Kumare Review: Why Americans Fall in Love with Indian Gurus

What do you get when you cross a young religious skeptic from New Jersey with a titular Indian spiritual leader? Well, apparently this guy:

Meet Kumaré.

Part Borat-style prankumentary and part cultural analysis of Americans’ relationship with Eastern religion, Vikram Gandhi’s Kumaré provoked laughter as well as a lively dialogue when I sat down to watch it with my fellow YogaBrains last week.

In case you’re not familiar with the film (which made big waves at the SXSW Festival earlier this year), here’s a summary from the film’s website:

A provocative social experiment-turned-documentary, KUMARE follows American filmmaker Vikram Gandhi as he transforms himself into a wise Indian guru, hoping to prove the absurdity of blind faith. Instead, he finds himself forging profound connections with people from all walks of life — and wondering if and when to reveal his true self. Will his followers accept his final teaching? Can this illusion reveal a greater spiritual truth? 

I’ll leave you to watch the film to find out the answers to those questions (no spoilers here). For my review, I would like to explore one of the more provocative topics raised in our post-film discussion:

Would Kumaré have been as successful at fooling his followers if he hadn’t been Indian?

One of the elements I found most striking as I watched the film was just how easily Vikram Gandhi slid into the popular archetype of “the guru” we are so familiar with in Western culture. He had it all — the beard (’cause you know, there’s no such thing as a guru without a beard), the accent (which he said nailed by impersonating his grandmother), even the unprovoked fits of hyena-like laughter (because we all know enlightened people are always happy).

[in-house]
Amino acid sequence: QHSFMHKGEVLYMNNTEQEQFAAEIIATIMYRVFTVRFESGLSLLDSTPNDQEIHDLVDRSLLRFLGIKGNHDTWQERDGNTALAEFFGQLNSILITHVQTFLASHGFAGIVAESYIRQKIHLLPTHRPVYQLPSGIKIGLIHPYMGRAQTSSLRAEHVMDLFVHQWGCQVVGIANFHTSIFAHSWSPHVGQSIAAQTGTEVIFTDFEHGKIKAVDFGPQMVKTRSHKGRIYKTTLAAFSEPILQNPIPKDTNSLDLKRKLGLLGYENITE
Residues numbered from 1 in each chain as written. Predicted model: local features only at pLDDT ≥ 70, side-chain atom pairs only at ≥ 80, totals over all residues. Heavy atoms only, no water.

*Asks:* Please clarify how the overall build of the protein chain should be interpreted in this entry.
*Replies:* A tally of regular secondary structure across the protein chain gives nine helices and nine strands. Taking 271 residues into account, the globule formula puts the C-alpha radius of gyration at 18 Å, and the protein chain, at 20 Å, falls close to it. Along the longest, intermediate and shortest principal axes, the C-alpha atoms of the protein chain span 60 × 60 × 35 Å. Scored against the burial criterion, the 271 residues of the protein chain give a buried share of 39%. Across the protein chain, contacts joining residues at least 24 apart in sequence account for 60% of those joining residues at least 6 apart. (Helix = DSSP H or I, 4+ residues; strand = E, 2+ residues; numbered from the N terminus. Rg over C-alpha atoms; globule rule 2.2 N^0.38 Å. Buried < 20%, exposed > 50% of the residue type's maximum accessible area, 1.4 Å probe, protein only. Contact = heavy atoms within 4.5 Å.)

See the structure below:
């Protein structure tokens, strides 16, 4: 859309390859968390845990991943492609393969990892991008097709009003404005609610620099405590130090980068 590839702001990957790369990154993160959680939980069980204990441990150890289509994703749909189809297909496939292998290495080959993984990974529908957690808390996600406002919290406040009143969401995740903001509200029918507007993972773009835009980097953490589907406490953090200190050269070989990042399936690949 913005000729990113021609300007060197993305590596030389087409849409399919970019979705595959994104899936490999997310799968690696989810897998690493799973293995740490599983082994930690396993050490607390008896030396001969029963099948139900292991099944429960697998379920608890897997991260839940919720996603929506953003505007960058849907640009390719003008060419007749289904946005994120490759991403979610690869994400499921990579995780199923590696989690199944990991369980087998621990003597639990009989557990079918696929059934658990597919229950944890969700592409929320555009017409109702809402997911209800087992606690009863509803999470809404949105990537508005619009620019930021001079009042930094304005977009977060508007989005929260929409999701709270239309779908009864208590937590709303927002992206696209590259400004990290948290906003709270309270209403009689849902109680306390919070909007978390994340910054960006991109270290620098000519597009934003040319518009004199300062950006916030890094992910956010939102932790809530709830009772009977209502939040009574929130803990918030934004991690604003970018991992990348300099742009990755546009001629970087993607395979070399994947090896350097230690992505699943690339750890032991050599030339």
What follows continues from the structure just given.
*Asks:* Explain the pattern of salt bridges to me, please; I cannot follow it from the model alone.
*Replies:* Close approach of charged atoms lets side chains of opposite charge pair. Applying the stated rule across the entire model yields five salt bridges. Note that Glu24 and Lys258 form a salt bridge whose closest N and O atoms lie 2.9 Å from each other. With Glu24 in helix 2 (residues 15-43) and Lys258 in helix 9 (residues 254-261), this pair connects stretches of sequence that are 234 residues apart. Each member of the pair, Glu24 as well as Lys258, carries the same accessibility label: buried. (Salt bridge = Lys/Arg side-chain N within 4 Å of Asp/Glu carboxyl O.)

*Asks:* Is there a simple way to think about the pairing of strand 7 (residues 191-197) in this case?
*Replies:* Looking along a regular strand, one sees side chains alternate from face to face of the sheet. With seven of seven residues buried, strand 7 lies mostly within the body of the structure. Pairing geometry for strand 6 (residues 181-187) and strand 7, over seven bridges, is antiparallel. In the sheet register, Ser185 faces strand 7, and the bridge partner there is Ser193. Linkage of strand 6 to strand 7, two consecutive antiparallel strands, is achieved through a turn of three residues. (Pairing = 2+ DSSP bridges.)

Though there are certainly exceptions, I think when many people hear the word “guru” or “spiritual teacher” the image that first comes to mind is one of a wise and somewhat mysterious man (definitely not woman) from India. Modern day yoga practitioners are particularly fond of romanticizing “Mother India” as some sort of holy or mystical realm, untouched by the ills of Western society and birthplace to great magical powers you can only attain by sitting in a cave and meditating for long periods of time. The stereotypes are plentiful: Indians are poor, but happy. The country is filthy, but holy ground. The sadhus are self-flagellating, but nearly enlightened.

So as Kumaré demonstrated, when a sweet, soft-spoken, and infectiously-blissful Indian man comes to America to offer teachings that seem to flow straight from the mouth of the Ganges, people are all too eager to kiss his feet.

“So many of us look to the wisdom of the East to solve our poblems in the west. Growing up in America, I too had a lot of quesitons. And I met a lot of religious leaders who claimed to have the answers. But were thse gurus real, or just full of it? To find out, I decided to impersonate a spiritual leader and build my own following. That’s how I became Kumaré.” – Vikram Gandhi, in the opening trailer for Kumaré

When I took my first Anthropology course in college, I remember learning about the theories of Edward Said, an influential cultural critic and author who was made famous for his book, Orientalism. In it, Said argued that “the West” uses “the East” as an inverted mirror. He suggested that Westerners subconsciously project onto distant cultures everything that they’re not — either romanticizing the traditions/beliefs of those peoples as exotic and divine (e.g. “The yogis knew what Western scientists know now thousands of years ago”) or casting them off as alien and dangerous (e.g. “Islam is a religion of terrorism”).